book covers

Judging a Book By It’s Cover

There are many reasons to decide to read a book – a favorite author, a recommendation from a friend, buzz, dearth of  other reading material next to the toilet… the list is endless.   One that I know is quite common (although not often acknowledged by some ‘intellectual’ readers) is very simple – the cover.  It’s happened to me on more than one occasion, especially back in my compulsive book-buying days.  One example I can think of off the top of my head is Nicola Barker’s Darkmans.   This is the cover that sucked me in:


I can’t even necessarily tell you why it is that this cover appealed to me so much (although, as Stephen King’s It is one of my favorite books, I have a fondness for stories that might have something to do with a sinister clown).   Whatever the reason, I bought Darkmans on the spot, knowing nothing about it other than what I could infer from the cover.  That’s the power that covers have.

The New York Times has a great review of the 19 Best Book Covers of 2012.  It’s well worth a look.  Here are some of my favorites from their list:

Bloodland by Alan Glynn The Yellow World by Albert Espinosa Wisden Cricketers Almanac

The Disappearing Spoon: Translations, Cover Art, and How to Make a Book More Interesting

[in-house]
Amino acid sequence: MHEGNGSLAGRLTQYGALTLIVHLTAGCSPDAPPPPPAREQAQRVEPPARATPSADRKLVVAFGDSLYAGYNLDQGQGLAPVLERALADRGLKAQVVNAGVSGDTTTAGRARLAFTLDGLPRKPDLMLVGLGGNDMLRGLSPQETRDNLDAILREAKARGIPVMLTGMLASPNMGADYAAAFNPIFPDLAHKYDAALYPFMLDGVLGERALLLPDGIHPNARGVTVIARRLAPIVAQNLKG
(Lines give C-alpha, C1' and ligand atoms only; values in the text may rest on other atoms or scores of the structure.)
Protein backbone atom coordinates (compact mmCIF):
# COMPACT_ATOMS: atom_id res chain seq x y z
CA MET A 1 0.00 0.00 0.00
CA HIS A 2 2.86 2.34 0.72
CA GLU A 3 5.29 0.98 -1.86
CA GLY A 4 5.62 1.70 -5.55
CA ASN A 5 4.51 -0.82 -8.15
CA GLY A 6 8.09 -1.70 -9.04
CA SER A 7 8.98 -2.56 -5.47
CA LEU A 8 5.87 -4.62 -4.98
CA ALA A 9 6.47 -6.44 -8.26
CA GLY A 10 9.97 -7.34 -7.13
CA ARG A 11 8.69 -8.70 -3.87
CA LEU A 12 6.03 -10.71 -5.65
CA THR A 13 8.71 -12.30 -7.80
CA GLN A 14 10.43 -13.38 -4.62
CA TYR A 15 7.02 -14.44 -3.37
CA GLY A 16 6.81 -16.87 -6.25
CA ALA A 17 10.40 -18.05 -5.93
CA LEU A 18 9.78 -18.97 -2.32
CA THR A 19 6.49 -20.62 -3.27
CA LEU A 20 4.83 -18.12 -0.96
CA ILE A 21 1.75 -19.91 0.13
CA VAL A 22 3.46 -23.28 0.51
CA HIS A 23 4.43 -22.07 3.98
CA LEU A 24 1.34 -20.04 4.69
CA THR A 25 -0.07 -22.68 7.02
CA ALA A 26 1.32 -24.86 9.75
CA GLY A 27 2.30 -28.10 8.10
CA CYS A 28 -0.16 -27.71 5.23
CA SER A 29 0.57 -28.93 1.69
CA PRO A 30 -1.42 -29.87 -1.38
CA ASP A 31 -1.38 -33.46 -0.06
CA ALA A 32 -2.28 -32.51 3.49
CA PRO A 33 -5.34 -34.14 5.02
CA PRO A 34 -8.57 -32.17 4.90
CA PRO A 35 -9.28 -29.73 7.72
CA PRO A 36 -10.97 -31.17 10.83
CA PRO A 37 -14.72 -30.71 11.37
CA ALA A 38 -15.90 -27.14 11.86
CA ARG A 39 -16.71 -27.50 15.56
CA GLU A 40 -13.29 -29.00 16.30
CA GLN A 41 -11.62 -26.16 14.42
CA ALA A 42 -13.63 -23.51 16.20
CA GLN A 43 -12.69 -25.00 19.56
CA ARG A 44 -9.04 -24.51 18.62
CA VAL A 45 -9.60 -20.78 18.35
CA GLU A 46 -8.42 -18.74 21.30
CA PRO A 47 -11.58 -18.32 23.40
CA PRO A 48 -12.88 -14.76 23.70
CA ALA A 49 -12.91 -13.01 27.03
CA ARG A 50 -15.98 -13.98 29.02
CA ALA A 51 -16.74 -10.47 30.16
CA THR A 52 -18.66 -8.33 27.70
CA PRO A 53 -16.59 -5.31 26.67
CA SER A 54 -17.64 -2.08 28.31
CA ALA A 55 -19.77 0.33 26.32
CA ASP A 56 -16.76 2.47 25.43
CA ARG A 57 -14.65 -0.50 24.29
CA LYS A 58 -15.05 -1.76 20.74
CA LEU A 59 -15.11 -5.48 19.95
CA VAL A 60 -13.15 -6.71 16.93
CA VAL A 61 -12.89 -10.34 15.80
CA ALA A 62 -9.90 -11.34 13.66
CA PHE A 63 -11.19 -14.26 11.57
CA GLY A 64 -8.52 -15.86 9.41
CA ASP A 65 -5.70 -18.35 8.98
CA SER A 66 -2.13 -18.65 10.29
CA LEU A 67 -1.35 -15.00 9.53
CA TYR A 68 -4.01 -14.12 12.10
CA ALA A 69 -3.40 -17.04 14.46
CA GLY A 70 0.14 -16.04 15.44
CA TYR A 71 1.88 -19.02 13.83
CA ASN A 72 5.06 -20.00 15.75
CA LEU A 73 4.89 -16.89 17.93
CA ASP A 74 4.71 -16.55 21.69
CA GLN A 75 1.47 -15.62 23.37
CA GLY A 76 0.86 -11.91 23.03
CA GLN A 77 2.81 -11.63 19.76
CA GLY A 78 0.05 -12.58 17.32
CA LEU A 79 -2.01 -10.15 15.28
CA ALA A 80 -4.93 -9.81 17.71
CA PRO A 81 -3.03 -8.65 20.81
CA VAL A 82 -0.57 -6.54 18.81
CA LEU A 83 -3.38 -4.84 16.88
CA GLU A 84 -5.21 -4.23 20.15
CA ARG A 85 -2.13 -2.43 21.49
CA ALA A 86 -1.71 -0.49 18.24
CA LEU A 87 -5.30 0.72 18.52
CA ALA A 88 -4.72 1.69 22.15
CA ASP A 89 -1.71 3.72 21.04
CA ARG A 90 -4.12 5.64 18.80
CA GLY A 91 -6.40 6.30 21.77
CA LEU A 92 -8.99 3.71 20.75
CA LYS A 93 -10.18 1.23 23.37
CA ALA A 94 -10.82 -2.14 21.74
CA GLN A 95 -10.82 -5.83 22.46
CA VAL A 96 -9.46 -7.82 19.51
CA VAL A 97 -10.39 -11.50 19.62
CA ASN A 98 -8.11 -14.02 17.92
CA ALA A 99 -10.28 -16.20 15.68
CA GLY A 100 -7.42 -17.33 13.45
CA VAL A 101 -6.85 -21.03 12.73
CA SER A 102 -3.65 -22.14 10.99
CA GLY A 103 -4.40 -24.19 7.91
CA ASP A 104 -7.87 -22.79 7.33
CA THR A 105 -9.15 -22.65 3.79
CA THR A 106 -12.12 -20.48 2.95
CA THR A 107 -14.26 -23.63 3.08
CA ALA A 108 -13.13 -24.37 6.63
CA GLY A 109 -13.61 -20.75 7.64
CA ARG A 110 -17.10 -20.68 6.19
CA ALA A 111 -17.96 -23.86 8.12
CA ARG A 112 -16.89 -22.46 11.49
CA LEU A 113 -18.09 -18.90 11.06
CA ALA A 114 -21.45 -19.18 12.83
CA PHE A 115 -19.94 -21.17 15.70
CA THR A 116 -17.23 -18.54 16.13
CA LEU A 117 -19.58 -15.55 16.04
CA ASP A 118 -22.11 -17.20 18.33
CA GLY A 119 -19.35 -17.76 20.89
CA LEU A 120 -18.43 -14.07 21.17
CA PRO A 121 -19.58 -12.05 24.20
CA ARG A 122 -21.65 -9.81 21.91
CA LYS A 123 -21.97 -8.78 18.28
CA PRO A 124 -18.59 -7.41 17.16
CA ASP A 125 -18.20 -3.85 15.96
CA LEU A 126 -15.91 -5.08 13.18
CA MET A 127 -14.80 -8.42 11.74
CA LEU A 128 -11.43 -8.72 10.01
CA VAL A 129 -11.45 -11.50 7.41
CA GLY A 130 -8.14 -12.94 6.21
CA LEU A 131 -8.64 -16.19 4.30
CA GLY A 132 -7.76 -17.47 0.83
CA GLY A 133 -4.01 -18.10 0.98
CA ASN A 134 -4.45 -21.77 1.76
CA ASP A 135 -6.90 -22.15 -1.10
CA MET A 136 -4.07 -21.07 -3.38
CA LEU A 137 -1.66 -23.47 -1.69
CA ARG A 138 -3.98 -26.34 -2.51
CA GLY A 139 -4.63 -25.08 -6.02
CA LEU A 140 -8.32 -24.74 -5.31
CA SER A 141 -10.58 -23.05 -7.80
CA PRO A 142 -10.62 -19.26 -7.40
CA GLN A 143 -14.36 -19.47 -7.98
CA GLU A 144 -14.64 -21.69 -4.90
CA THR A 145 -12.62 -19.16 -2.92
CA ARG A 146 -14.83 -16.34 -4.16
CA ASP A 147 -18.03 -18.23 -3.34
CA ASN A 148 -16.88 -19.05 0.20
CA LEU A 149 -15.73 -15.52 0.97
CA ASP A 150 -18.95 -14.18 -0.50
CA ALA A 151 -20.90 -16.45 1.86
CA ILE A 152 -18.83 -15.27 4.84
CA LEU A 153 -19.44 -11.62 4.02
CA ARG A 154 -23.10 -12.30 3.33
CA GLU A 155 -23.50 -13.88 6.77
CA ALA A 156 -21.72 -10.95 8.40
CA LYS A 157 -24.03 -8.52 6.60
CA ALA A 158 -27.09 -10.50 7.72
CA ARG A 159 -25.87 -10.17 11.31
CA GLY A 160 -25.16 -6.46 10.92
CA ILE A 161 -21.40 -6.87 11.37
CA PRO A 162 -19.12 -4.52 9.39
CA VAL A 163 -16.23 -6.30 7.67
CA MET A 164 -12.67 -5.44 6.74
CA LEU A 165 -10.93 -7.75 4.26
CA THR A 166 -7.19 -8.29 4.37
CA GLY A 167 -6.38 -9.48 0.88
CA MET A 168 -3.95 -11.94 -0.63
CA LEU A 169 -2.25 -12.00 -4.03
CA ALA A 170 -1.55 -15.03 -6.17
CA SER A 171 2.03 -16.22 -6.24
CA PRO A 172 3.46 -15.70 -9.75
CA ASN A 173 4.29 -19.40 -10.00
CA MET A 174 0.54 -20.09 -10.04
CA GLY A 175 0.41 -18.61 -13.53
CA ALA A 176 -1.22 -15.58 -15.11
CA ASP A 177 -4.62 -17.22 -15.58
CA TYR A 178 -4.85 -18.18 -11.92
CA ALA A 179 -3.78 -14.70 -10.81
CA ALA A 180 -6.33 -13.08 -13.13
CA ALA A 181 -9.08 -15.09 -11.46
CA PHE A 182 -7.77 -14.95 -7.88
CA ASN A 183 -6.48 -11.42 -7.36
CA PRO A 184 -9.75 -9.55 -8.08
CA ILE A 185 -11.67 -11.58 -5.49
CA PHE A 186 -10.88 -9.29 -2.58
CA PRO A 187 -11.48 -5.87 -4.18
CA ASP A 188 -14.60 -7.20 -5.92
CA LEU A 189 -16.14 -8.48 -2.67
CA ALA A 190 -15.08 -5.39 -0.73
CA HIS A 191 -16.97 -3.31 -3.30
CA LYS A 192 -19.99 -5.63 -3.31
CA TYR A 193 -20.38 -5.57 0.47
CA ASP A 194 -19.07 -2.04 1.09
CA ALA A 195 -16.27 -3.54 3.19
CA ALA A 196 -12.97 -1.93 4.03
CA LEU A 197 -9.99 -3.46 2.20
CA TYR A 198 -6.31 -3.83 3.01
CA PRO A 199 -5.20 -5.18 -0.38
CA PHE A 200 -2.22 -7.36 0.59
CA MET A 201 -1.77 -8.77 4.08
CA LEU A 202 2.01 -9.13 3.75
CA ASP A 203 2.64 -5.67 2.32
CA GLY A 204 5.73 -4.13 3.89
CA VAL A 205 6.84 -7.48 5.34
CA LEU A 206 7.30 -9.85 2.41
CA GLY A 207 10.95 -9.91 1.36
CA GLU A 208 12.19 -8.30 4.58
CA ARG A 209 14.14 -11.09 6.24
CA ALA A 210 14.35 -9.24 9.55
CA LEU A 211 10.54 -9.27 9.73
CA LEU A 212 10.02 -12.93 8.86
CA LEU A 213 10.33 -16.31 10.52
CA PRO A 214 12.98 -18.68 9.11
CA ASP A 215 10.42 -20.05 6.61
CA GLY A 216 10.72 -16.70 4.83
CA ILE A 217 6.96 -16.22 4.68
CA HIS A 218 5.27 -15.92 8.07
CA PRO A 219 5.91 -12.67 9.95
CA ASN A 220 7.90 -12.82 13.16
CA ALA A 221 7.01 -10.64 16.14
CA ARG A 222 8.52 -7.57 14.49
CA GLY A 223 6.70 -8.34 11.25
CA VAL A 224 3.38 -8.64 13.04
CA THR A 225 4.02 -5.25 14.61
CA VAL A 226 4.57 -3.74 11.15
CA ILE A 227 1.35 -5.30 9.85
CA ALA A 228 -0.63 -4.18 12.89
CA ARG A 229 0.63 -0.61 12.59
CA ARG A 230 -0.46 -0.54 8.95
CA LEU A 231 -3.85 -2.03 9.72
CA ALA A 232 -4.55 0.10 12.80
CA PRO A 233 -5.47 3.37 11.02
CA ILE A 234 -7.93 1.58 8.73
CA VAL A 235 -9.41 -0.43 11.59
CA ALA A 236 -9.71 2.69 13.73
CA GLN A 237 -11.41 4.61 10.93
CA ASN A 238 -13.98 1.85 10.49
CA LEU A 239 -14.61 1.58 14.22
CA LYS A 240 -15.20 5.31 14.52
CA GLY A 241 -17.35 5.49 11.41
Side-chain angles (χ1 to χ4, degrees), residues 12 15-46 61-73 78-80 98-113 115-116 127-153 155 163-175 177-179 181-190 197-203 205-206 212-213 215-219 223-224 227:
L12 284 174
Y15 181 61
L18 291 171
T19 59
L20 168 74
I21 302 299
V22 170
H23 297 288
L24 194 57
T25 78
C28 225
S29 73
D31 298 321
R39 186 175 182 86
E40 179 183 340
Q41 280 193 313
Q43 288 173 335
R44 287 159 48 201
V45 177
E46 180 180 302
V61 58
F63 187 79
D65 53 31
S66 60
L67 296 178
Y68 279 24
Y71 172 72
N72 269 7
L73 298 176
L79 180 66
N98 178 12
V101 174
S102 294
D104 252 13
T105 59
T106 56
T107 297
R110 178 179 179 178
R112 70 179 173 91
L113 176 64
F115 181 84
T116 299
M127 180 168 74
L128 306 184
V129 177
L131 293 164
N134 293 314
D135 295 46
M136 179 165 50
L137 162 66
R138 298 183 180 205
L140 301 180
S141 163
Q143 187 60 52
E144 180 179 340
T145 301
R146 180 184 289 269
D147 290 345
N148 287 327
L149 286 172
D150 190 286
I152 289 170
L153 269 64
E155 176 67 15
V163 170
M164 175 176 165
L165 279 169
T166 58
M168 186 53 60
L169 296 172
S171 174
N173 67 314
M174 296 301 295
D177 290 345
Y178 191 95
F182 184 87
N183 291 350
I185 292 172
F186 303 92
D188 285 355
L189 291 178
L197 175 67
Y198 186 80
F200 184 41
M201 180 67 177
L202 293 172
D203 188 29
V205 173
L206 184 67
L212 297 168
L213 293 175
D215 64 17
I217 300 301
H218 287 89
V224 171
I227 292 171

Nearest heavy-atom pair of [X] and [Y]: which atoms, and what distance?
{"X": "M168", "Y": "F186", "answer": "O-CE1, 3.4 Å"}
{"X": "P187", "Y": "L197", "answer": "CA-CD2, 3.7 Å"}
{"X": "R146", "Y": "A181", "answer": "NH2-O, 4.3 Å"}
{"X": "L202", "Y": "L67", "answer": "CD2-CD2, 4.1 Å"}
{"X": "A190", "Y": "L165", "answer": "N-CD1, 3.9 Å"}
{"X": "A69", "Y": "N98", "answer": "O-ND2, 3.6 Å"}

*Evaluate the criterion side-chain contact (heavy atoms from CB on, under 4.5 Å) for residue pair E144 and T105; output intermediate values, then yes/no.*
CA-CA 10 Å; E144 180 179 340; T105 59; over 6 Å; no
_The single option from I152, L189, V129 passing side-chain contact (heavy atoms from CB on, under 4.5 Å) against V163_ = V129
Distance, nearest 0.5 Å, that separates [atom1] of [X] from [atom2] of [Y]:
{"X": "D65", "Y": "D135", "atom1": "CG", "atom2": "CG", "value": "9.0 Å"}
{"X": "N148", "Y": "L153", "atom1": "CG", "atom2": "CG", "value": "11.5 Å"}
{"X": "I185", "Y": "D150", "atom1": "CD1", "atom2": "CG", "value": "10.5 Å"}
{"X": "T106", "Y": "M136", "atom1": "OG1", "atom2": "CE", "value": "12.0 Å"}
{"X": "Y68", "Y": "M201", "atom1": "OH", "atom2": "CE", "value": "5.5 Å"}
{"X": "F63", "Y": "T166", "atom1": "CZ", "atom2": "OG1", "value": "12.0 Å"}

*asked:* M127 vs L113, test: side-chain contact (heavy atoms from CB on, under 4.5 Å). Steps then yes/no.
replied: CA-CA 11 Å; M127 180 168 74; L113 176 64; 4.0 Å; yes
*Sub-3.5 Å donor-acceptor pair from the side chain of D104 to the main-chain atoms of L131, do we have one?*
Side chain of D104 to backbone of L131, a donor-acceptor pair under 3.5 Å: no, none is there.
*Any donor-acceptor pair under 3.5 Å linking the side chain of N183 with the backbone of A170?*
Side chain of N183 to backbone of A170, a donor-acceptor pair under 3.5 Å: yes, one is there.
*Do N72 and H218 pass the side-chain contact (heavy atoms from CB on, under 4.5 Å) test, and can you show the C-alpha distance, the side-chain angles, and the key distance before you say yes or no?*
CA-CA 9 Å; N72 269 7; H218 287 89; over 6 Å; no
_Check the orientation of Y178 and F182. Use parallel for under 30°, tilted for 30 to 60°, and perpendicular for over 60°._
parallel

I had never heard of Sam Kean’s The Disappearing Spoon before coming across this wonderful little essay in Slate.  The book itself looks like quite a fascinating read:  a collection of true stories relating the comic, tragic, and often macabre origins of the periodic table of elements.

Kean’s little piece in Slate talks nothing of the books content, however.  To set up the context, have a look at the book’s American cover:

Makes sense.  There’s the titular disappearing spoon, along with a font and layout that shouts “HISTORY!” and some ominous clouds in the background to give the whole thing a tinge of the sinister.  Fits perfectly with the book’s full title:  The Disappearing Spoon and Other True Tales of Madness, Love, and the History of the World From the Periodic Table of the Elements.

Now, imagine you’re the author and you receive the following copy of the Taiwan edition in the mail.

Ok, a spoon.  Good so far.  An x-ray image of a hand – sure, that’s how the Curies first used radium.  Moving down the cover… title, author, an anime sperm,  a ….wait.  Hold on a sec… Optimus Prime?  Two women in separate, but equally, provocative poses?  A flaccid dil…  Huuuuhhhh???

This was pretty much Kean’s reaction.

 I couldn’t make sense of what looked like Transformers logos for “gold” and “plutonium.” But most baffling were the smutty icons: a smiling anime sperm (“hydrogen”), two naked women thrust into suggestive poses (“barium” and “iodine”), and a slightly drooping dildo named “zinc.” (Why not silicon?)…I never thought of myself as writing something a teenage boy might stash beneath his mattress. (The iodine story in The Disappearing Spoon talked about those noted hunks Gandhi and Bertrand Russell.) Was this a gross mistranslation? Dadaist whimsy?

Kean manages to track down the cover designer to get to the bottom of this.  Her answers?

We usually have many technology books, [which] are serious, serious, serious, and bored!!” she wrote via email. “So, this one, we want to make it more fun and interesting, to catch people’s eyes, and make them curious about it.

As for the half-deflated zinc male member…

When a men was weak in sex, his wife might give him some seafood, [and] the seafood have many zinc. That is why I draw that icon for zinc.

To paraphrase Kean, “Makes sense…sort of.”